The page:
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Winner Road Properties, LLC v. BMO Harris Bank, N.A.

United States District Court, E.D. Missouri, Eastern Division

March 14, 2019

WINNER ROAD PROPERTIES, LLC, Plaintiff/Counter-Defendant,
v.
BMO HARRIS BANK, N.A., Defendant/Counter-Claimant/Cross-Claimant
v.
JO ANN HOWARD & ASSOCIATES, P.C., Cross-Defendant

          MEMORANDUM AND ORDER

          CHARLES A. SHAW, UNITED STATES DISTRICT JUDGE.

         This matter is before the Court on cross-defendant Jo Ann Howard & Associates, P.C.'s motion to abstain or, alternatively, motion to abate and motion for more definite statement. Plaintiff Winner Road Properties, LLC and defendant BMO Harris Bank, N.A., oppose the motion and have filed memoranda in opposition, to which Jo Ann Howard & Associates, P.C.'s filed a reply.

         At issue in this case are three trusts from the Mount Washington Cemetery in Kansas City, Missouri: the Third Amended and Restated Agreement for Mount Washington Cemetery Preneed Trust (the “Merchandise and Services Trust”); the Second Amended and Restated Agreement for Mount Washington Cemetery Endowed Care Trust (the “Endowed Care Trust”); and the Mount Washington Forever, LLC Custody Account (5012) (the “Special Care Trust”), together referred to as “the Mount Washington Trusts.” The dispute was originally between plaintiff Winner Road Properties, LLC (“Winner Road”) and defendant BMO Harris Bank, N.A. (“BMO”). Winner Road alleges in its petition (hereafter referred to as the Complaint) that it is a beneficiary to the Mount Washington Trusts, for which defendant BMO is the trustee. Winner Road claims that as to the Mount Washington Trusts, BMO breached its fiduciary duties, failed to maintain effective operations of the trusts for their intended purposes, failed to ensure that the trust corpuses were maintained, and failed to pay out on contractual obligations. In its petition, Winner Road brings the following claims against BMO: Determination of Rights in and Representation for the Merchandise and Services Trust: Request for Restoration of Trust Assets and Other Relief (Count I); Determination of Rights in and Representation for the Endowed Care Trust and Request for Trust Administration Rulings (Count II); Determination of Rights in and Representation for the Special Care Trust and Request for Trust Administration Rulings (Count III); and Petition for Restitutionary Award Against Trustees for Breaching Trustee Duties Relating to the Mount Washington Trusts (Count IV).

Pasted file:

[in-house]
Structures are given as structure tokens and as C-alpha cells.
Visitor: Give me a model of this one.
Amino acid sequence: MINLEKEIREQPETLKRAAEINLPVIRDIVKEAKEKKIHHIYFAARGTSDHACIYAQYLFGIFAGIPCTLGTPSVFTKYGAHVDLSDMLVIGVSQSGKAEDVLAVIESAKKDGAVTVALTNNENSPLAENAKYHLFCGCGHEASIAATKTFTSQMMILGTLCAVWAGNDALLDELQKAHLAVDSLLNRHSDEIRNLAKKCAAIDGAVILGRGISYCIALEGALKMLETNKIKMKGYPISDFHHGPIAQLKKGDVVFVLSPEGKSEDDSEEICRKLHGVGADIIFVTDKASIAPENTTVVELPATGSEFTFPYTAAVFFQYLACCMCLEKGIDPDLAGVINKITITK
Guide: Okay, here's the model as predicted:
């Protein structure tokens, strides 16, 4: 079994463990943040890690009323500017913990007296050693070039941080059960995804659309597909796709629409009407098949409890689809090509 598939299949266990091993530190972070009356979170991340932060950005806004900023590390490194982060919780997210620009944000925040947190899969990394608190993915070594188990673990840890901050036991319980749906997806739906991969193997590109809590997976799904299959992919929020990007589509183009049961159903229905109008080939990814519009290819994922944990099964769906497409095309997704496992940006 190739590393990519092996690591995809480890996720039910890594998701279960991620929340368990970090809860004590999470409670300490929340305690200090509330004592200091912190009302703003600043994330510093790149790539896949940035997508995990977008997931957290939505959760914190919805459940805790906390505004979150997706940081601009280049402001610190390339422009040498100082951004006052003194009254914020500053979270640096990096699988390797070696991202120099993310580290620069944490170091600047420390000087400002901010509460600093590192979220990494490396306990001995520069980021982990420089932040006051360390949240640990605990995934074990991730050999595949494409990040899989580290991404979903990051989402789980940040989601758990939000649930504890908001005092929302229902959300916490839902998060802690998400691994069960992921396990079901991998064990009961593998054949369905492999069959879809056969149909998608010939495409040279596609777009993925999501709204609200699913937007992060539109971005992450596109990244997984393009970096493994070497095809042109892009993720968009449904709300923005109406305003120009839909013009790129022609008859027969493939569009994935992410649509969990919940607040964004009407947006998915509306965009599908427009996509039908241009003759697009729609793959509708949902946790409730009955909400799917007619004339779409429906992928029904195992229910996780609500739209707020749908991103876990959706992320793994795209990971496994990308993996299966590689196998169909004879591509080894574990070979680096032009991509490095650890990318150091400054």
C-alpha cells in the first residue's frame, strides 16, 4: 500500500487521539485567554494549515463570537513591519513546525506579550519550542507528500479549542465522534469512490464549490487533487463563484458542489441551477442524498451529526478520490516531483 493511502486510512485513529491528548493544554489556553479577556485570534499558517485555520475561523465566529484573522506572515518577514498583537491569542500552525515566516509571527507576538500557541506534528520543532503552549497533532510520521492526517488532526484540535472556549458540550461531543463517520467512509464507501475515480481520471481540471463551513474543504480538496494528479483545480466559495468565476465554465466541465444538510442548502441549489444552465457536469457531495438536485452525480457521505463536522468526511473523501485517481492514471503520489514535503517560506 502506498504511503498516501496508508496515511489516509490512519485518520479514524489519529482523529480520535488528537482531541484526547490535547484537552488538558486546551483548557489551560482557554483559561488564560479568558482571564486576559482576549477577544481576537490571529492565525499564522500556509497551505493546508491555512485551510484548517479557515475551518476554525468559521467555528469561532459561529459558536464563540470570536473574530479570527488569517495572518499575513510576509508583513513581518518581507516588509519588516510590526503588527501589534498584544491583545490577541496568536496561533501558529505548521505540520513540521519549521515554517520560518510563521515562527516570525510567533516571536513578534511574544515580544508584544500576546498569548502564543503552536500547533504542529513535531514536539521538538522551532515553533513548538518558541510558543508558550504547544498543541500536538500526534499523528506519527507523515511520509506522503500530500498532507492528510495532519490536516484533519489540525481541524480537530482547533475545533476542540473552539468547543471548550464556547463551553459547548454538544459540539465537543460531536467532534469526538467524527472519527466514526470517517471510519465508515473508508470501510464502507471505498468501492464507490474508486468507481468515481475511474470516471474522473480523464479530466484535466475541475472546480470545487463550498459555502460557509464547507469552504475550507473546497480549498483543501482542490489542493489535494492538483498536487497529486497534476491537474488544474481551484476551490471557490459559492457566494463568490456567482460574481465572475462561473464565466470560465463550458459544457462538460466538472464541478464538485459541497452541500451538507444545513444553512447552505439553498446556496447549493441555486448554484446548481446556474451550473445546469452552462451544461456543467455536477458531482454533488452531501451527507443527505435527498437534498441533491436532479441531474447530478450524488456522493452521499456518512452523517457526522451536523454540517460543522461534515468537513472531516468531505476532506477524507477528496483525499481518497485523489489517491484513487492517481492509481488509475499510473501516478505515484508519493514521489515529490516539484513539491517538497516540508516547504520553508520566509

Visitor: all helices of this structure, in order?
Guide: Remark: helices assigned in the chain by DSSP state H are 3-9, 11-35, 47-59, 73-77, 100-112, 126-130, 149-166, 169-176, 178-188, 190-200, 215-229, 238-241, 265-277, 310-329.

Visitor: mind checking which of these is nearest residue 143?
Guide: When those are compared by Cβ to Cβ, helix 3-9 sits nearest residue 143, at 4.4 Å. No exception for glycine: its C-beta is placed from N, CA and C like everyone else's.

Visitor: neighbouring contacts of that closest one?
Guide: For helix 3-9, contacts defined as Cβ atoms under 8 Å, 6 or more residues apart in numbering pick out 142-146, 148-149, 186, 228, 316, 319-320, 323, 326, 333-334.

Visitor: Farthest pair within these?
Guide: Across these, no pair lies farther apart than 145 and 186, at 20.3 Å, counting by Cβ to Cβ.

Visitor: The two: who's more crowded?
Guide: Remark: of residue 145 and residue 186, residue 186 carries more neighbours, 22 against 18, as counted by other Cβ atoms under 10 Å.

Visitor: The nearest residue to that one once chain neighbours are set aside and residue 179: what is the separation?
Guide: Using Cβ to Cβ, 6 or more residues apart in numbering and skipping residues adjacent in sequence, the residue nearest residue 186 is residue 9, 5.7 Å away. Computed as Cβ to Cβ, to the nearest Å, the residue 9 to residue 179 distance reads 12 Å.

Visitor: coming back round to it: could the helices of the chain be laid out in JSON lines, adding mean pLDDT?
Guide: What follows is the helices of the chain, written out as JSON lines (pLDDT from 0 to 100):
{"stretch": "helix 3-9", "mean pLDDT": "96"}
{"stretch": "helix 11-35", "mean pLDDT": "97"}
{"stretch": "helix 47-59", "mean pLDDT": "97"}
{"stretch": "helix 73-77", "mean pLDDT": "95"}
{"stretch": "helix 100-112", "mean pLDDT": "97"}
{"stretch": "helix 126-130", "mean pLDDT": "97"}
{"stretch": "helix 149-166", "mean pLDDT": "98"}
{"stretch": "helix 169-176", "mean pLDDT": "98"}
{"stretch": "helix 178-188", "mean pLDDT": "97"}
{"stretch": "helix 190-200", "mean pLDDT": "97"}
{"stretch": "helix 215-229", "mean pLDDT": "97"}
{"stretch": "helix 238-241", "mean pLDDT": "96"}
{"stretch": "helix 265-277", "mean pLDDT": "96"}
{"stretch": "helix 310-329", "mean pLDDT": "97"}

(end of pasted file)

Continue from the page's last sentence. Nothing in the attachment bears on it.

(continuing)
BMO filed a motion to dismiss in response to Winner Road's Complaint, which the Court granted in part. BMO argued, and the Court agreed that Counts I and IV of the Complaint were barred by the doctrine of res judicata, because BMO had already litigated and settled the two claims in Jo Ann Howard & Assocs., P.C. v. Cassity, 4:09-CV-1252 ERW (E.D. Mo. filed Aug. 6, 2009) (the “Jo Ann Howard Litigation”).

         As background, this case arises out of a fraud scheme perpetrated by the Cassity family. The Cassity family owned and operated National Prearranged Services, Inc. (NPS), which sold pre-need funeral contracts. The Cassity family also owned two Texas-based life insurance companies, Lincoln Memorial Life Insurance Company (“Lincoln”) and Memorial Service Life Insurance Company (“Memorial”). In 2008, a Texas Court in State of Texas v. Memorial Service Life Insurance Company, et al., No. D-1-GV-08-000945 (250th Dist. Ct., Travis Cnty, Tex. filed Sept. 12, 2008) (the “Texas Receivership Litigation”), entered an order approving a joint liquidation plan with respect to NPS, Lincoln, and Memorial. Doc. 91 at 35. That plan and underlying Texas statutes established the authority of the Special Deputy Receiver of Lincoln, Memorial, and NPS (the “SDR”), Jo Ann Howard & Associates, P.C. (“Jo Ann Howard”), to collect monies and pay creditors as a result of the Cassity fraud scheme. Id.

         In 2009, the state guaranty associations and the SDR brought the Jo Ann Howard Litigation, a $600 million lawsuit, in this District Court against defendant trustee banks, including BMO and its predecessors. The Jo Ann Howard plaintiffs' claims for breach of fiduciary duty, negligence, and gross negligence by trustee banks, including BMO, were brought by “the individual state guaranty associations from Missouri . . . and the SDR on behalf of NPS, funeral homes, and consumers.” Jo Ann Howard Litigation, Doc. 916 at 15. This explicitly included claims against bank trustees for losses to a trust entitled the “Mt. Washington Forever Pre-Need Trust.” Id. at 63.